This alienation however does not just affect us and God, it also affects our relationships with fellow humans. When we are not right with God we are often in a problem with other people. But the blood of Christ breaks the separation and brings reconciliation between but man and God and man and man! This was the case between Jews and Gentiles in New Testament times. Paul wrote to the Ephesian church that the separation between Jew and Gentile has been bridged by the by the blood of Christ. (Look at Ephesians 2:11-18). Those who were near and those who were far off have been brought near to God by the blood of Christ. Through the blood of Christ we have been made right with God and reconciled to God so that we can be in a relationship with him. It is through the blood of Christ that we can have a right relationship with both God and man.

Through the blood of Christ, we have access to a relationship with God (Eph 2:18; Heb 4:14-16; 10:19-22; 12:2). It is only because of what Jesus did for us on the cross that we can have a relationship with God. Jesus made the way possible through the shedding of his own blood. Through Christ we have access to God. Without him there is no way but Jesus made a way. As we read in Ephesians 2:18, through Christ we have access to God by the Holy Spirit. This work of Christ justifies us and allows us to have peace with God. Romans 5:1-2 read,

“Therefore, since we have been justified through faith, we [a] have peace with God through our Lord Jesus Christ, through whom we have gained access by faith into this grace in which we now stand.”

Let’s look at Hebrews 4:14-16. Jesus has gone through the heavens and made it possible for us to approach God and obtain mercy and grace. Look at Hebrews 10:19- 22. By the blood of Jesus a new and living way has been made for us to approach God and be in relationship with him. We can confidently draw near to God with sincere hearts and a clean conscience. When Jesus bore our sins, he made a way to God. Bearing the sins of many Jesus, our new Moses and new Joshua, has gone ahead to provide perfect access to the Father through the blood of his covenant (Heb 13:20; 12:24; Ex 24:8).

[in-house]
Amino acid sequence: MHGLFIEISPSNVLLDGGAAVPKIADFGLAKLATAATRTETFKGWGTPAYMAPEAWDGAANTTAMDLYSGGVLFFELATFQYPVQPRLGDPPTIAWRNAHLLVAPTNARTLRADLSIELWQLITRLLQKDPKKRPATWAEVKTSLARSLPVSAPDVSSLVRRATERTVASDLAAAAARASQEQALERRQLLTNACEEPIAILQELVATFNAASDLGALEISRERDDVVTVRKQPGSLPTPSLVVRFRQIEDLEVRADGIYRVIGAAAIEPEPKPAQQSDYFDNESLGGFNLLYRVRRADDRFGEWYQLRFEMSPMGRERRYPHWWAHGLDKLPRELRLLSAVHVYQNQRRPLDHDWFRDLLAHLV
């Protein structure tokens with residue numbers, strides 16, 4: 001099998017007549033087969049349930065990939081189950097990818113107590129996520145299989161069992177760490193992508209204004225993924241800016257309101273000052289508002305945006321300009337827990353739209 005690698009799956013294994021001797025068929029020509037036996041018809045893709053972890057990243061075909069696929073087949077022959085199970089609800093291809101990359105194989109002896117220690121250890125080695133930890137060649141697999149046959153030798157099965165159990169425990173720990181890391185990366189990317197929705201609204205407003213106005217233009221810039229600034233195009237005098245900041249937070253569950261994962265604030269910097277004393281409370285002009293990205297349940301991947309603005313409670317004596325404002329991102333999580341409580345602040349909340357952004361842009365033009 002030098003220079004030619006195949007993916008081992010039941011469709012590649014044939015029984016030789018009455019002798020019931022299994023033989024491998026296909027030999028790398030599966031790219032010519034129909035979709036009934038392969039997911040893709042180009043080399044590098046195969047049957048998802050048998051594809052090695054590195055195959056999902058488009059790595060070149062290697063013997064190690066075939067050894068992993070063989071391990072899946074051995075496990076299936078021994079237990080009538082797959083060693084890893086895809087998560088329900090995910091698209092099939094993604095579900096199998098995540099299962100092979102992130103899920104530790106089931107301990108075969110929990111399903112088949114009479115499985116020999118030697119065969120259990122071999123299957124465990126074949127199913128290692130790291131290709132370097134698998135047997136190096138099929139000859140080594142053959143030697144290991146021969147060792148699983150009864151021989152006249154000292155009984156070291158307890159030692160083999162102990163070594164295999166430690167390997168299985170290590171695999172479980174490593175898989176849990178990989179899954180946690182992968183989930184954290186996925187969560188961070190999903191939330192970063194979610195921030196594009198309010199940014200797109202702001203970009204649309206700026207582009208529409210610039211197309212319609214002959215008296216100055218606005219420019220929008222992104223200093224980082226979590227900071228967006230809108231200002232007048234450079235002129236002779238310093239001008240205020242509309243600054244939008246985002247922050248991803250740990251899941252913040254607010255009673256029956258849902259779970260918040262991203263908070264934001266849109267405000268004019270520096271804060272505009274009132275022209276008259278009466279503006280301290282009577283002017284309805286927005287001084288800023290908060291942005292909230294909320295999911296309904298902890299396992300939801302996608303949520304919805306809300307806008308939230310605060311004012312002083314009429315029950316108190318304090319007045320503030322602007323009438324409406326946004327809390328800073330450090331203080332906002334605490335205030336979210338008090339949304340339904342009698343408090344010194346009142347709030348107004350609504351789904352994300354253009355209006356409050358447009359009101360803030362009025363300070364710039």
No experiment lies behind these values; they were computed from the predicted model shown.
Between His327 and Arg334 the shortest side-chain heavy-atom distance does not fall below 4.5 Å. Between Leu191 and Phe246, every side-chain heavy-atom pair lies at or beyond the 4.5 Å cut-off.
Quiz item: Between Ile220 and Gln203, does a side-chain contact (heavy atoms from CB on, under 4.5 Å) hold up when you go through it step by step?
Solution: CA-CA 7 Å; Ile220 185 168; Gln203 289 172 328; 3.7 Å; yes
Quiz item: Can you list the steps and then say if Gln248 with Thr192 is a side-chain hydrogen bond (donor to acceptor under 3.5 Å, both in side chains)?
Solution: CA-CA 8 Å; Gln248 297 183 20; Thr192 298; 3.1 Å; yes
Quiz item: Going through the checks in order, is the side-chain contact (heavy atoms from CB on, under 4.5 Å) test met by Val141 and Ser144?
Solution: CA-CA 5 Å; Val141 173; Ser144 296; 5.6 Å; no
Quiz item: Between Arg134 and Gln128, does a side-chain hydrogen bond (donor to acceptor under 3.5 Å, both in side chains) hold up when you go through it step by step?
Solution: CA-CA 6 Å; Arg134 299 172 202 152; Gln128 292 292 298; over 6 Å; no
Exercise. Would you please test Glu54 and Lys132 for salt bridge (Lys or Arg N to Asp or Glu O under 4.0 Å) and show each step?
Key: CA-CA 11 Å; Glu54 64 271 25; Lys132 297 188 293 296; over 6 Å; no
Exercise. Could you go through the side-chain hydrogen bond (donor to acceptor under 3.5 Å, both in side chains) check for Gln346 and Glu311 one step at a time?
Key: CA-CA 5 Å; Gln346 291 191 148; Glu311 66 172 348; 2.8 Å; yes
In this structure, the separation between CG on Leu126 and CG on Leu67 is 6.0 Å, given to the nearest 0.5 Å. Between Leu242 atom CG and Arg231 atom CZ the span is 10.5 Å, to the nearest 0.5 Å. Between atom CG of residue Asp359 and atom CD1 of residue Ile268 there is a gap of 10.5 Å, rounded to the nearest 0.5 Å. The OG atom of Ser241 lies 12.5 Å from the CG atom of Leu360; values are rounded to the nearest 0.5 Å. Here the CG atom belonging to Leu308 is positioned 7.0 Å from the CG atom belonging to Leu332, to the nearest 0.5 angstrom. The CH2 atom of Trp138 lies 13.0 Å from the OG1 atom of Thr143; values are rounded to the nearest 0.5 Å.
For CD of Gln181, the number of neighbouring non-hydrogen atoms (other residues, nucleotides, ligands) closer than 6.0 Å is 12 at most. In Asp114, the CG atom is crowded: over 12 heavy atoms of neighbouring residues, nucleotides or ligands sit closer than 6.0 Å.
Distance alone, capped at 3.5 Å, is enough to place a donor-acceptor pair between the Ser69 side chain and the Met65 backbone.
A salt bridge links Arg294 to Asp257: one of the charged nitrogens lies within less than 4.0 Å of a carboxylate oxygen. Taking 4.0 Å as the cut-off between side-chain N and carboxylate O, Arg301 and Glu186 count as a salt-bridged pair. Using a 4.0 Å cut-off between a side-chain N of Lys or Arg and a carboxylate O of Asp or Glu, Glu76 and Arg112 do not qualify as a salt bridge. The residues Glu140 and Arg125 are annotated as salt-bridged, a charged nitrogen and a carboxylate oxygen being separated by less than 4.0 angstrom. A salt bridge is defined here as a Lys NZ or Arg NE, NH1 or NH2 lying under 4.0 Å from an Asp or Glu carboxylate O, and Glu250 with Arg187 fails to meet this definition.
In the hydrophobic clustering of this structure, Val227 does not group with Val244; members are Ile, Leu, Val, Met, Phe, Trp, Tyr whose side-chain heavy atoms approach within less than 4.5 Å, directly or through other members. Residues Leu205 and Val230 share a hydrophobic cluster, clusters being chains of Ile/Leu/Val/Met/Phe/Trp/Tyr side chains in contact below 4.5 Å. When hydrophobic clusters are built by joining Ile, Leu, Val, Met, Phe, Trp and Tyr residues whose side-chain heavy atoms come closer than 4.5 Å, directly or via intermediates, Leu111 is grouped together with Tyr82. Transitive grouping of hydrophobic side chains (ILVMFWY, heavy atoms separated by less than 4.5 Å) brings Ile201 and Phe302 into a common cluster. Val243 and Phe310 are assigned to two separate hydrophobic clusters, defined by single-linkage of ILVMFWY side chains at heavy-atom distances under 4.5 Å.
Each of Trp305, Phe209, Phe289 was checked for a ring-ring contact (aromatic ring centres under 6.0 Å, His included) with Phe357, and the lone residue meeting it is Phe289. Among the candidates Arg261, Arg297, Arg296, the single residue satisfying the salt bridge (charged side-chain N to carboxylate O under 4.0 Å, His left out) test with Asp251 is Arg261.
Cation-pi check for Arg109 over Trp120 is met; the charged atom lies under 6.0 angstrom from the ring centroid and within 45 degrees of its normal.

It is through the blood of Christ that we have redemption from sin, the forgiveness of sins and access to God through reconciliation. Christ’s work on the cross redeems us from our sins and reconciles us to God giving us access to him because of Jesus’ sacrificial offering on our behalf. When Jesus died on the cross his shed blood set us from slavery to sin and its hold on our lives. The cross reconciled us to God and gave us access to a relationship with God because of Christ shed blood.

Hebrews 13:20-21

May the God of peace, who through the blood of the eternal covenant brought back from the dead our Lord Jesus, that great Shepherd of the sheep, equip you witheverything good for doing his will, and may he work in us what is pleasing to him, through Jesus Christ, to whom be glory for ever and ever. Amen.